Berlin Interview: Lav Diaz
For a director whose films are so frequently reduced to only their marathon running times or consistently severe tone, the Filipino auteur Lav Diaz has tapped into popular forms with remarkable frequency. Following a crime epic (Norte, the End of History), an allegorical ghost story (From What Is Before), a historical fantasy (A Lullaby to the Sorrowful Mystery), and a revenge drama (The Woman Who Left), Diaz returned to the 68th Berlinale with his most unexpected adventure in genre yet. A self-described “rock opera,” Diaz’s latest, the 234-minute Season of the Devil, resembles the musical in shape and sensibility while making mincemeat of its finer points—namely, the instrumental parts. Set in 1979 at the height of the Marcos regime, Season of the Devil follows the fictional poet Hugo Haniway (Piolo Pascual) as he sets out in search of his missing wife Lorena (Shaina Magdayao), a young physician who mysteriously disappears following the opening of a new clinic in a remote village deep in the Philippine jungle. Ruled by a government-sanctioned people’s militia and led by a literally two-faced commander and a savage female soldier-in-arms, the village is under constant siege, with officers enforcing a state of Martial law through physical, psychological, and sexual violence.
Told entirely in a cappella verse, Season of the Devil walks a tight rope between artifice and realism. The songs, written by Diaz himself, are hypnotically simple and frighteningly infectious creations, all dire incantations and wordless repetitions; advancing the narrative while reinforcing the oppressive nature of a fascist philosophy, the melodies accumulate a metaphoric heft through each successive iteration. Combining history and folklore, Diaz draws a direct and powerful line from the Marcos dictatorship to the Philippines of today, led with freshly unscrupulous and amoral tactics by Rodrigo Duterte. With Season of the Devil, Diaz’s decades-long project of excavating and examining Philippine history and its present day parallels has found a striking new means of expression; it makes the pomp and celebration of most movie musicals look hopelessly blinkered and naïve by comparison.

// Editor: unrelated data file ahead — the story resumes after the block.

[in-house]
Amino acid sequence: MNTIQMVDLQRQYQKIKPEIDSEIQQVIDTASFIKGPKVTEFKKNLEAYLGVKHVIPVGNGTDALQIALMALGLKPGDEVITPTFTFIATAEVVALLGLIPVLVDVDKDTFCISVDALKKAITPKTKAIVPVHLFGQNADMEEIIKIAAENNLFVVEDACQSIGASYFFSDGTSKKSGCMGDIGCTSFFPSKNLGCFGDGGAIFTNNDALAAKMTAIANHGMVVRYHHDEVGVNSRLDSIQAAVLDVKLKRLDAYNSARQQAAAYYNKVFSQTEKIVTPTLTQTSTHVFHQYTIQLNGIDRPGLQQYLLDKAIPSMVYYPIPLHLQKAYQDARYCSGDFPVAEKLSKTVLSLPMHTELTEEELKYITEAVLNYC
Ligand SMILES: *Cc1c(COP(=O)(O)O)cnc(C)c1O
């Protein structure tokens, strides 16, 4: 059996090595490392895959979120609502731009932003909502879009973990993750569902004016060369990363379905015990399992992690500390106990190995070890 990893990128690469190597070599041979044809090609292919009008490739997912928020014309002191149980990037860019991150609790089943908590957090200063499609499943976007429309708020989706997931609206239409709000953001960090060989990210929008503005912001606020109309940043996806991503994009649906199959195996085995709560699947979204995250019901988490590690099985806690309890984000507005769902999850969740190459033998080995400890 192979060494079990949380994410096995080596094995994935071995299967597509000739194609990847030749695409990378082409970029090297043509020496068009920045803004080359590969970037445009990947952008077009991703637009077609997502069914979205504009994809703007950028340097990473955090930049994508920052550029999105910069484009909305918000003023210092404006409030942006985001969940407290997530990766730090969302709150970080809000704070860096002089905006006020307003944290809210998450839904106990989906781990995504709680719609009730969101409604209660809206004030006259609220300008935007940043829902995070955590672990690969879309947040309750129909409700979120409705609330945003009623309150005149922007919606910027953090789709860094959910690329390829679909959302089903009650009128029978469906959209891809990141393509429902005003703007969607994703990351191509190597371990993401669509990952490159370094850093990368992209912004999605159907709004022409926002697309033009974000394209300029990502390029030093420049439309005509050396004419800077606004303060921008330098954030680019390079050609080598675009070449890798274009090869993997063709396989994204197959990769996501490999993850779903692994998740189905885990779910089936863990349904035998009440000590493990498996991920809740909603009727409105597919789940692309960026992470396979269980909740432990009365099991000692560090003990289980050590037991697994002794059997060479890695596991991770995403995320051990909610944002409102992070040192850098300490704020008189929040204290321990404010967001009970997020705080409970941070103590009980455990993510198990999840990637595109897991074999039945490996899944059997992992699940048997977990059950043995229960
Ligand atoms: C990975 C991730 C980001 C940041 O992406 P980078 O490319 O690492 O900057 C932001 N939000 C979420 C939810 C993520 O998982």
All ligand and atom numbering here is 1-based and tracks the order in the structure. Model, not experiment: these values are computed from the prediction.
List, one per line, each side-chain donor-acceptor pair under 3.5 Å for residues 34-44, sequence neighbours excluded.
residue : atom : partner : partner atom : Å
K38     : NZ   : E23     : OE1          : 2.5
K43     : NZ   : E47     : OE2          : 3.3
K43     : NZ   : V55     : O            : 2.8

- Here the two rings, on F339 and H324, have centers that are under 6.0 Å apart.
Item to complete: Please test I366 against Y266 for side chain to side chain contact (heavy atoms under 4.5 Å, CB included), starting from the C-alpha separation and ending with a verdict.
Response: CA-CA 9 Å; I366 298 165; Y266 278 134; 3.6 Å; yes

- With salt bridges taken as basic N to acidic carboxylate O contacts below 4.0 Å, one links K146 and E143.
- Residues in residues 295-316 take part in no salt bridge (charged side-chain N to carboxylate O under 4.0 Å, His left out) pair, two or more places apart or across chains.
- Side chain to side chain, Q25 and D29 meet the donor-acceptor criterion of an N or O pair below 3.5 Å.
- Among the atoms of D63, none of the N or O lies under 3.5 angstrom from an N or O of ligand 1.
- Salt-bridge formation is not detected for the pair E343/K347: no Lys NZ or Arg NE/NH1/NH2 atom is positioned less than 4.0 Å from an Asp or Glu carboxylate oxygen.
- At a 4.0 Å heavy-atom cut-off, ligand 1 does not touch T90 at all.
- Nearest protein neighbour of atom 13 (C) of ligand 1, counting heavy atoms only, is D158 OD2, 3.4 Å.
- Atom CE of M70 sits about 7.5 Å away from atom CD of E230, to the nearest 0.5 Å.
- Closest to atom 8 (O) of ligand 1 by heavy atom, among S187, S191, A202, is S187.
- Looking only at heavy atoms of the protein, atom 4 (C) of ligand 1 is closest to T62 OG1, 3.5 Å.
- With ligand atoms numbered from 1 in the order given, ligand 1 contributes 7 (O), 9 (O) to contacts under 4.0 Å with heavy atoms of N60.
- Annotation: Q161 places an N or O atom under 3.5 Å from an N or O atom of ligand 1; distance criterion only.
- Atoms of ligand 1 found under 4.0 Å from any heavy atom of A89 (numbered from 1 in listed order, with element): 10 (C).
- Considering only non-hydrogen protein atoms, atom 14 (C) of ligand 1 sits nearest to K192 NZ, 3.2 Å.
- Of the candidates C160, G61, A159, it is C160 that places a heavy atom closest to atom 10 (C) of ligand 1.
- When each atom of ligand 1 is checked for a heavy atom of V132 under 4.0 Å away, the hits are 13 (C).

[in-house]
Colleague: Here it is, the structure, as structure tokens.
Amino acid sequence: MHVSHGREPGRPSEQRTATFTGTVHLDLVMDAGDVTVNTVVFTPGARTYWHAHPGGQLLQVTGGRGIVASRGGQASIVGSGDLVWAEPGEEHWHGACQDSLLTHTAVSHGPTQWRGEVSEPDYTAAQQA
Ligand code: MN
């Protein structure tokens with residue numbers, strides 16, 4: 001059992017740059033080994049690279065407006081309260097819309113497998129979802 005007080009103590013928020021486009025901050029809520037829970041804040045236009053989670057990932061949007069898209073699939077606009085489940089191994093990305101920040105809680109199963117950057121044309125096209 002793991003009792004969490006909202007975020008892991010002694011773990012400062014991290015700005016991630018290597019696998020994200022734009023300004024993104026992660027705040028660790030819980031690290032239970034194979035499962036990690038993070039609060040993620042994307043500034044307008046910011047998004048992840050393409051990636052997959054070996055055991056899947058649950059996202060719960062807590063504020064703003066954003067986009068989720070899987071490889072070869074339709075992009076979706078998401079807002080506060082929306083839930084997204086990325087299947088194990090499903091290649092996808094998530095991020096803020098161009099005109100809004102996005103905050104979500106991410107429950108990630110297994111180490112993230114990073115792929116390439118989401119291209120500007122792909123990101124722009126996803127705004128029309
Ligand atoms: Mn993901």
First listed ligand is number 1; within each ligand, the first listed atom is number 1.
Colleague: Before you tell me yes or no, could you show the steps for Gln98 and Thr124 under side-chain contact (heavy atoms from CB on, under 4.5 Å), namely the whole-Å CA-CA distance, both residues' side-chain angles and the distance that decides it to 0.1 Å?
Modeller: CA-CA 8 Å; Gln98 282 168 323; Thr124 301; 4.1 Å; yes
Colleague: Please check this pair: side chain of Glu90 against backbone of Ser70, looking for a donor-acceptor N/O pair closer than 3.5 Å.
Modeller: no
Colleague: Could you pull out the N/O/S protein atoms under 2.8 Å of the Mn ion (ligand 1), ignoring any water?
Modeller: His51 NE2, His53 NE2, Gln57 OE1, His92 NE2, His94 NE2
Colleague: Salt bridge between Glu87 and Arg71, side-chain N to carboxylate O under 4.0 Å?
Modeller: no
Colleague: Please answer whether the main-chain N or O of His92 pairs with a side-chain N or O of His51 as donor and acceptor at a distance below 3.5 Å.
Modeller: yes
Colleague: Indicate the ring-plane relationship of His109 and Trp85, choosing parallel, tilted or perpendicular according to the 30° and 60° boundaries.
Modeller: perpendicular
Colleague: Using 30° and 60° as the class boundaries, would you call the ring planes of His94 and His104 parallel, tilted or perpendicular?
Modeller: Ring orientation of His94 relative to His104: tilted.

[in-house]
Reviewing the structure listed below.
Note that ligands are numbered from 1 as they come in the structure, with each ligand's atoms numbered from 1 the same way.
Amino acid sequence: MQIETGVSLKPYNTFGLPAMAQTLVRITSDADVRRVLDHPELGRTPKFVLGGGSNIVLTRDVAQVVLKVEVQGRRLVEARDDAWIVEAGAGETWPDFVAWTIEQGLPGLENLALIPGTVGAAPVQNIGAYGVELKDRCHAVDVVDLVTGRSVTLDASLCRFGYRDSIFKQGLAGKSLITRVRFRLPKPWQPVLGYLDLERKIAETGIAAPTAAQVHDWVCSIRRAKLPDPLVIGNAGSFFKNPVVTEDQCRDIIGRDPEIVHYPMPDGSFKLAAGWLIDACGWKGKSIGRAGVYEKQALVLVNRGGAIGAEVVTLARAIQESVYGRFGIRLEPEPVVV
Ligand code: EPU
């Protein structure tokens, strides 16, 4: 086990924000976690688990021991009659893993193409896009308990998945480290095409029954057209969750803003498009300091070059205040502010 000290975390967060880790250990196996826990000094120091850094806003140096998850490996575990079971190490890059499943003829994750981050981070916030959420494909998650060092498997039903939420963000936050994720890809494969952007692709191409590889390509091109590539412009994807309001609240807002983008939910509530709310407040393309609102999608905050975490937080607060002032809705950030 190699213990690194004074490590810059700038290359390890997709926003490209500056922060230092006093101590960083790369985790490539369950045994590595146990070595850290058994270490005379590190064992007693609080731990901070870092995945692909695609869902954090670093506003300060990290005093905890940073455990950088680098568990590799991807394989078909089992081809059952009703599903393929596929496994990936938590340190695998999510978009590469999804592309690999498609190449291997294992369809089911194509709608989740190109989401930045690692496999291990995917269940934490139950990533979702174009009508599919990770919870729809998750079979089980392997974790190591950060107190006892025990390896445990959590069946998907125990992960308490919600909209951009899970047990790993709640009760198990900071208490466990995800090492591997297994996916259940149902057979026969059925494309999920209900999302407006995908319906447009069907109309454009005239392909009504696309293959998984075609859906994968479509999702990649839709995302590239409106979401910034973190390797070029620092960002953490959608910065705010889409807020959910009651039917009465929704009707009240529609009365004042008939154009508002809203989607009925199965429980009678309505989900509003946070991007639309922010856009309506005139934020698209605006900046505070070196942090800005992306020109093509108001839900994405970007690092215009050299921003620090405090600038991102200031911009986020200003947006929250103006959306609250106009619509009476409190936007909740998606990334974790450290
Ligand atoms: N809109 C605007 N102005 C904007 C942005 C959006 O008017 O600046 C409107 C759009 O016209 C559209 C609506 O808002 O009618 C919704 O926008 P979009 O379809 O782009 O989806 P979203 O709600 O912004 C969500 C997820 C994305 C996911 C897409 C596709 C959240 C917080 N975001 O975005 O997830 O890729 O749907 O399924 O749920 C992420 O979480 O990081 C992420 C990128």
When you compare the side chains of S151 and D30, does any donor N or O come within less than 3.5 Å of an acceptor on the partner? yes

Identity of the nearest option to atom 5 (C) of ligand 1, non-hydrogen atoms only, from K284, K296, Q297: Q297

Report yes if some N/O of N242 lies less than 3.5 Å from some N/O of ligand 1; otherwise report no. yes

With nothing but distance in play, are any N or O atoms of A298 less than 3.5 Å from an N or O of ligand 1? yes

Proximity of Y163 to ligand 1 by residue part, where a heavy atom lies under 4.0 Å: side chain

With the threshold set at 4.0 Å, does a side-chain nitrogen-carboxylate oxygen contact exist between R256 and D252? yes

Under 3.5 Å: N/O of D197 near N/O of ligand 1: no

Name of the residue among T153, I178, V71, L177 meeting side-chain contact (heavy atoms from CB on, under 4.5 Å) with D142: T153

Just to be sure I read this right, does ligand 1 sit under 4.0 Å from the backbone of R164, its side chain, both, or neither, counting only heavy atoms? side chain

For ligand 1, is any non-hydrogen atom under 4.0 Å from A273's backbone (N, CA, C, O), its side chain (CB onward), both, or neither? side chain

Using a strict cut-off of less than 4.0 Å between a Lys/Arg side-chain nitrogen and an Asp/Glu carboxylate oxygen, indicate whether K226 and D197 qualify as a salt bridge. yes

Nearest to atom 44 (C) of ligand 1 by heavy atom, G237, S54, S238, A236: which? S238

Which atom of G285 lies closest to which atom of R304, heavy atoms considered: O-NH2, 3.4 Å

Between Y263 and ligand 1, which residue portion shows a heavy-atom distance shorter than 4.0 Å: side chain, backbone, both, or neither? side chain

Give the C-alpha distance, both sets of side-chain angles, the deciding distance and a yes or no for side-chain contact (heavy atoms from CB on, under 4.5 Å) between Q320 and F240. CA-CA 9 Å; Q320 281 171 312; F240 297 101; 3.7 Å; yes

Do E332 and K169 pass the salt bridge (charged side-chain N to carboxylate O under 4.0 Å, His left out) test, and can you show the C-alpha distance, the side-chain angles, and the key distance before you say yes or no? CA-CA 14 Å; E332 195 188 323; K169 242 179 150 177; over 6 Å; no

Following the movie’s premiere in competition at the Berlin International Film Festival, Diaz sat down with Film Comment to discuss his composite characterizations, the formal and logistical challenges of making a musical, and his conceptual approach to history and genre.
How did you come to this story, and to Hugo Haniway in particular? Is he inspired by specific people and the story by different events?
I invented the name and the character. It’s a composite of many Filipino people: poets, professors, and activists who survived and who were victims of the Marcos regime. I grew up during the period so I was witness to that history. Many poets I know served as inspiration. When you create a character it’s always a composite. You even get a little from yourself—everything’s personal when you create characters, after all.
Your films are most often spoken about with regard to their realism, and don’t usually get enough credit for their relationship to genre: you’ve made crime films, ghost stories, and now a musical. Do you find yourself consciously drawn to genre?
It’s nice to dwell on genres because there are formulas there and you can work with them. But at the same time you’re free to break them. That’s the beauty of understanding genres. There are rules, but you can break them. With a musical there is of course a formula: the calisthenics, the adornments, the arrangements, the manicured movements. But I’ve done away with that. There are songs, but we’ve done away with adornments, instrumentation—even with manicured singing. I said to the actors, “It has to be a cappella, and used naturally, though of course you’re also signing it.” So at the same time it was very conceptual.
Was forgoing instrumentation purely a practical decision, or was it stylistic as well?
It was both. For one we had no time for music. I recorded the songs myself in front of my camera and gave them to the actors and told them to memorize the songs. But it was also a deliberate decision not to use instrumentation. If we wanted to use it, I would have had to hire a musical arranger, and invite my musician friends to come work with the songs. So that was all done away with.
Why did you choose a musical for this particular story? Did it have at all to do with the violence? In other words were the genre elements a way to temper the harsher aspects of the story?